Tuesday, June 14, 2005

More on Libertarianism

In response to my recent posts on libertarianism, Peter Cresswell has written up a lengthy article which fails to actually address the specific points I made. It consists of an odd mix of snide insults, misinterpretations, and unsupported or irrelevant assertions. But I'll ignore the insults, and simply focus on correcting the misinterpretations and engaging with his arguments.

PC begins by distancing himself from Nozick and the self-ownership thesis, which is fine by me. As I have repeatedly explained to him, my arguments are not solely directed at Nozick; they apply to all rights-based libertarians. Disowning Nozick does nothing to deflect my criticisms.

My Criticisms of Libertarianism (a reminder):

1) An impoverished and 'thin' conception of freedom that is merely formal rather than substantive. (A "freedom from" only has substantive worth insofar as it yields a complementary "freedom to".)

2) The problems relating to initial acquisition (and the subsequent illegitimacy of actual holdings). To quote the relevant excerpt from my essay:
Discussing the transfer of property rights begs the question of how one could acquire title over unowned resources in the first place. Consistency should commit the libertarian to denouncing unilateral appropriation of common resources as a form of theft, since it peremptorily deprives others of their liberty to use the appropriated resources. Autonomy recommends that individuals have a veto over appropriations which exclude them from the commons.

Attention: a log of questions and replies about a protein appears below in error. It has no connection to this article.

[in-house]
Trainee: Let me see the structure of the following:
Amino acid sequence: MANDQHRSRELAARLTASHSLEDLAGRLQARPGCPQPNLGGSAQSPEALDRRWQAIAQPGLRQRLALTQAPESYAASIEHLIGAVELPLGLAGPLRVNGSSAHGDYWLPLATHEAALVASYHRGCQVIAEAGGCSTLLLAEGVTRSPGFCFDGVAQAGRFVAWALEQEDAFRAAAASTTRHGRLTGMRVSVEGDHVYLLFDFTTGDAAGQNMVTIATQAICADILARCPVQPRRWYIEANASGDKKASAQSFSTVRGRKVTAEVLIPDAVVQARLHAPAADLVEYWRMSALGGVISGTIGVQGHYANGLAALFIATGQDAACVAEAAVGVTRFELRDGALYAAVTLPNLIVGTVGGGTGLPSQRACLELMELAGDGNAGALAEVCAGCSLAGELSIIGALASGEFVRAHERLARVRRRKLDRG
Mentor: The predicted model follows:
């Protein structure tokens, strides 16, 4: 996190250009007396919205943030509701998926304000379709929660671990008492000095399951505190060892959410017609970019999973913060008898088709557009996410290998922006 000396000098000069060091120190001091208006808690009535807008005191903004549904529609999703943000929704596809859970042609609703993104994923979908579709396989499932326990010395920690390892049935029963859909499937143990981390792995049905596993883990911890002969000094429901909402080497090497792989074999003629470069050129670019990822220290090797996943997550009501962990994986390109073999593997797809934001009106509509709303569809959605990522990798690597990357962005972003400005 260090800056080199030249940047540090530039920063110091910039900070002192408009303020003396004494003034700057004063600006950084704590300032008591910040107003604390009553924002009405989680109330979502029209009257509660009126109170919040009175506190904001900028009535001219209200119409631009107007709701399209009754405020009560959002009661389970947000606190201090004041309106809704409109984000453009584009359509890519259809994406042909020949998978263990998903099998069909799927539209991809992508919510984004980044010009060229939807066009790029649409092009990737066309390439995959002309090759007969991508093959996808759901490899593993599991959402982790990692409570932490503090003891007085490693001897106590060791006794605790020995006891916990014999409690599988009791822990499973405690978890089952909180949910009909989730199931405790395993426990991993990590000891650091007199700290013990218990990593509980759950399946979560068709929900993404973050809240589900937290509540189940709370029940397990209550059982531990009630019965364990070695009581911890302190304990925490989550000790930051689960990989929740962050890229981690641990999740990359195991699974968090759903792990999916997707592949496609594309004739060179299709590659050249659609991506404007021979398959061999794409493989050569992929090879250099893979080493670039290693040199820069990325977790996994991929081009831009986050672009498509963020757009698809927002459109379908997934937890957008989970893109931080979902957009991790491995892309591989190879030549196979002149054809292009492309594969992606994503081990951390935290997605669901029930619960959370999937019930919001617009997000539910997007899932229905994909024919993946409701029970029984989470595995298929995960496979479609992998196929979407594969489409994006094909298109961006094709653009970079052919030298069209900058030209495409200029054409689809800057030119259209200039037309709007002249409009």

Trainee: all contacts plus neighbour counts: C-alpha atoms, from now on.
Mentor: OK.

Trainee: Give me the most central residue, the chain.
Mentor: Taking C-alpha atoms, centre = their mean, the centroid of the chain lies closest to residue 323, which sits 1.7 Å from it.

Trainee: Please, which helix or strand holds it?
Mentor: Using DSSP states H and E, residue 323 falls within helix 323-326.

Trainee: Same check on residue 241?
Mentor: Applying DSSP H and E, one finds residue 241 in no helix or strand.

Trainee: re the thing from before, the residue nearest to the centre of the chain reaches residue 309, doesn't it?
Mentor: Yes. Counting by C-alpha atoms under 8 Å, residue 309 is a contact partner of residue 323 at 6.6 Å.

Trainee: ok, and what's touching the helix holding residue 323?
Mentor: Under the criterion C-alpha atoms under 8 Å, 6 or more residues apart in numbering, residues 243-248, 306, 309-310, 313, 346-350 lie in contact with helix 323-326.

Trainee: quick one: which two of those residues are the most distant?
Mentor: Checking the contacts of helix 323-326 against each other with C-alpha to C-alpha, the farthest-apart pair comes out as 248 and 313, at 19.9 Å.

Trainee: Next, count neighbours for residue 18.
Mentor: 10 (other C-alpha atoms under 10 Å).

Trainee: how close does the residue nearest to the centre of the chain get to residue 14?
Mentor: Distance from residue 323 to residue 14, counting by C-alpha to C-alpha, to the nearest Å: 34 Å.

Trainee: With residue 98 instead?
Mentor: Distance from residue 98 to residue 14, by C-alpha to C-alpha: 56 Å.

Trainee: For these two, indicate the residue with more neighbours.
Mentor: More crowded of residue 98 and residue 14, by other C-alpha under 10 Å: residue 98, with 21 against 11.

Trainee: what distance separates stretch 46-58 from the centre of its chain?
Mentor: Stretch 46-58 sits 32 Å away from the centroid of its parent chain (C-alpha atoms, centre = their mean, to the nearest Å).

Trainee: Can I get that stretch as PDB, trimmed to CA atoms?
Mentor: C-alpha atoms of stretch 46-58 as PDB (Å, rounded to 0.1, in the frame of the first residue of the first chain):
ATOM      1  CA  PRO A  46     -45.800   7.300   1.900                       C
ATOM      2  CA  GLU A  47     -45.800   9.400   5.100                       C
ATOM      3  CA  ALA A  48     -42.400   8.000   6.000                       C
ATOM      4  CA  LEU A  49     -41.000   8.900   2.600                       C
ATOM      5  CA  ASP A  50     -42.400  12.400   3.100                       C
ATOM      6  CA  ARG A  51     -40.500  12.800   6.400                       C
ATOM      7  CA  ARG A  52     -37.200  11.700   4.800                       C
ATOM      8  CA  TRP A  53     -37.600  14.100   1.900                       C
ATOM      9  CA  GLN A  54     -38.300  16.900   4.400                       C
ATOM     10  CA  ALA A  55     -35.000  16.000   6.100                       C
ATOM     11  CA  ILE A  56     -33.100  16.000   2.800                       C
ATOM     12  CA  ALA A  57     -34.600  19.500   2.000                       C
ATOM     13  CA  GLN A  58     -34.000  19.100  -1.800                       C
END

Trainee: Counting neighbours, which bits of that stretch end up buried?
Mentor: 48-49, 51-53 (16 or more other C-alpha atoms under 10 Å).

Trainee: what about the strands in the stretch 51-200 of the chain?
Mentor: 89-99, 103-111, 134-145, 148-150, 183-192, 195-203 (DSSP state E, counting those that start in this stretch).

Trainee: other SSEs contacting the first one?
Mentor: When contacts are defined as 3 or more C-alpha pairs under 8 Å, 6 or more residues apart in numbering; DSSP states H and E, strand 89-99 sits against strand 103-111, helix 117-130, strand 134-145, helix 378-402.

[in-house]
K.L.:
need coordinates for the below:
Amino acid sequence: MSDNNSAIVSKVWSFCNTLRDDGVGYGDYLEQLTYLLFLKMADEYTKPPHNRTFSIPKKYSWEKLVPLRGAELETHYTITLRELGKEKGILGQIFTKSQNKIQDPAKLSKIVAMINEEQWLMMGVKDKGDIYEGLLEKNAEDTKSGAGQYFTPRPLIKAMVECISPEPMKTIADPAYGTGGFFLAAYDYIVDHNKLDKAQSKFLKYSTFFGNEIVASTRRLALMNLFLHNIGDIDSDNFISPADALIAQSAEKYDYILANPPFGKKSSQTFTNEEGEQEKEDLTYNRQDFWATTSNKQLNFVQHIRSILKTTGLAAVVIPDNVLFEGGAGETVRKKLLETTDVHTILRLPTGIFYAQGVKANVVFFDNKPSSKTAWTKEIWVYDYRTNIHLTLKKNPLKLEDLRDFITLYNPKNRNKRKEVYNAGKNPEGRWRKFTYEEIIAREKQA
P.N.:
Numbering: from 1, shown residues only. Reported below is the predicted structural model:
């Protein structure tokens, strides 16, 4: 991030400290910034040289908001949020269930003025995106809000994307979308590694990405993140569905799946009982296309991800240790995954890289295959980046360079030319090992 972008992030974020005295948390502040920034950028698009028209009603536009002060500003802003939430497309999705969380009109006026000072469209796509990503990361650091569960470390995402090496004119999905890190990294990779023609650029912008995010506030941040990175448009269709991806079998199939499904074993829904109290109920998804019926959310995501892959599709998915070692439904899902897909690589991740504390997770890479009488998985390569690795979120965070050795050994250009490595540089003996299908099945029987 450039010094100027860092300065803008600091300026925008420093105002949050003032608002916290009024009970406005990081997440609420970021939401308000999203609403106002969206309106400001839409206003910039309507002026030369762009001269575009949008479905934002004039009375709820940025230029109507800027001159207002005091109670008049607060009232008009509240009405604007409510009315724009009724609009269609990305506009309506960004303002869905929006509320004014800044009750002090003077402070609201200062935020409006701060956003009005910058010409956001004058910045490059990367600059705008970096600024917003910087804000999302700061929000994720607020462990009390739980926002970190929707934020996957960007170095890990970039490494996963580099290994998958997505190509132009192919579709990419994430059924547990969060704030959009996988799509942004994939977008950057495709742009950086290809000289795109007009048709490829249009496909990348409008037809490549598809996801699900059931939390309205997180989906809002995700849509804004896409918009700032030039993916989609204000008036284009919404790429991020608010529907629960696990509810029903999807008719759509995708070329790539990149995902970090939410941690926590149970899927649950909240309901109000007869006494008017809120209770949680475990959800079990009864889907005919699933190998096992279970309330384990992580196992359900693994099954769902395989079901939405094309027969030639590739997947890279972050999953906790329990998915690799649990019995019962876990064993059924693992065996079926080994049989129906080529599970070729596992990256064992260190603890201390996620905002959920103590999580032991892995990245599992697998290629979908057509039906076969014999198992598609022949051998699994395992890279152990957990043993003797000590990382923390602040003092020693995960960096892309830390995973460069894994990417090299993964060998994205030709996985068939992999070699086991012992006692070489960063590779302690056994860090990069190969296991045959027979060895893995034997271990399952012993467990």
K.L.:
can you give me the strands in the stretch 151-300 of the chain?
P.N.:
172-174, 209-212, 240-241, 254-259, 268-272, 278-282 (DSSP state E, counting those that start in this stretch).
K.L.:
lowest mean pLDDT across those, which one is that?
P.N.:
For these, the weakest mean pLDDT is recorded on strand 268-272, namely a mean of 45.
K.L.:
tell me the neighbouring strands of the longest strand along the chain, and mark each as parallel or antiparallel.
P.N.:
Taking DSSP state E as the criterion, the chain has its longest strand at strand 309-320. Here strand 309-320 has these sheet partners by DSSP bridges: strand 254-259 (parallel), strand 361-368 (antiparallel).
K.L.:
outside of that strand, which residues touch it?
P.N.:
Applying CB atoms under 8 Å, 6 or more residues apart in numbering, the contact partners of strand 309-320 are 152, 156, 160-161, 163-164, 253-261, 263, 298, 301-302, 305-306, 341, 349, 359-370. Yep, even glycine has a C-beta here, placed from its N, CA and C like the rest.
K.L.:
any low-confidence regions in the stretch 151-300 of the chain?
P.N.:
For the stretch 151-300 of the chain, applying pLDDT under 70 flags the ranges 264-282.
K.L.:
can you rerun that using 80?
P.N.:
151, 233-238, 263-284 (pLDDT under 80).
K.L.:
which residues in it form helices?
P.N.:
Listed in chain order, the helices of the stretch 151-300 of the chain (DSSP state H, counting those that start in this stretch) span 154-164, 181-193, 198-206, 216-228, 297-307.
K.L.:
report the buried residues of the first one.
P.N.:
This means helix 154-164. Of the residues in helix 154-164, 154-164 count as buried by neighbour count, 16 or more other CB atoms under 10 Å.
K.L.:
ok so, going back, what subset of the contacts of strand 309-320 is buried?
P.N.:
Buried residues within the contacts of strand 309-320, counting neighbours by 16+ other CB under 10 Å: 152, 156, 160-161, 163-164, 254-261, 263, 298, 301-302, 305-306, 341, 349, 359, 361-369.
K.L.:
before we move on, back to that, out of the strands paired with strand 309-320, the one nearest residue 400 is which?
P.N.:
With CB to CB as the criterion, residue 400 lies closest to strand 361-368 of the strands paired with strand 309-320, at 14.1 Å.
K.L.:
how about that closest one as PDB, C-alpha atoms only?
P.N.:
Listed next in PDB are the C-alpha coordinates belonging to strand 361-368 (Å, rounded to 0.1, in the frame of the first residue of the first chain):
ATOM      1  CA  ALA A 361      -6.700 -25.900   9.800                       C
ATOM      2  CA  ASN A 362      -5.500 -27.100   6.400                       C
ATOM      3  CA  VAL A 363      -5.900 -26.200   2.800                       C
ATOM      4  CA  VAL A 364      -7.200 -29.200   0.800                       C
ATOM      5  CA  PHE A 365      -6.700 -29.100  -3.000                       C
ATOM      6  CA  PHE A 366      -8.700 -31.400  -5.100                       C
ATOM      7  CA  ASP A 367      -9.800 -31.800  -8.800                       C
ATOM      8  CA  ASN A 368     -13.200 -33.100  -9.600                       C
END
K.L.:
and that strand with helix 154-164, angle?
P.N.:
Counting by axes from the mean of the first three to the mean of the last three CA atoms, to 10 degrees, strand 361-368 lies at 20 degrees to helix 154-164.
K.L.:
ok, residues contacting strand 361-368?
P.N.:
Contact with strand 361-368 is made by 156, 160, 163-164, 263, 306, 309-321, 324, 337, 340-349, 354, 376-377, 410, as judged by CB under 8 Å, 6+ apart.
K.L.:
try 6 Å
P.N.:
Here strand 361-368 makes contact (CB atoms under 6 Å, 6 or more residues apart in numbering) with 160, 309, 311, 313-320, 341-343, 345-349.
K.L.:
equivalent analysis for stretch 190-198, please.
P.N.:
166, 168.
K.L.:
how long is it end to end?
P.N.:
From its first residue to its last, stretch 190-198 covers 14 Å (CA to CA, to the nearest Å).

3) The problems posed by ongoing needs and Intergenerational Justice, that together suggest that justice requires that ownership / property rights be understood as conditional rather than absolute.

4) The coercion and exploitation of those who lack bargaining power and reasonable alternatives (i.e. the poor and disadvantaged).

And, more recently,
5) Poverty renders one unfree (in the libertarian sense) in a capitalist society. Enforcing property laws is a form of state intervention. And, given the conflict of liberties (between rich and poor) that this gives rise to, the intellectually honest libertarian is committed to concluding that the liberty of the poor has moral priority (in certain specified circumstances).

PC's arguments

So, those are my criticisms. How does PC respond to them? Well, for the vast majority of my criticisms, the answer is not at all. His only real attempt at a response relates to #2, initial acquisition. Here he writes:
38... how land was initially acquired is only really an academic argument - one rather over-used by our friend Nozick.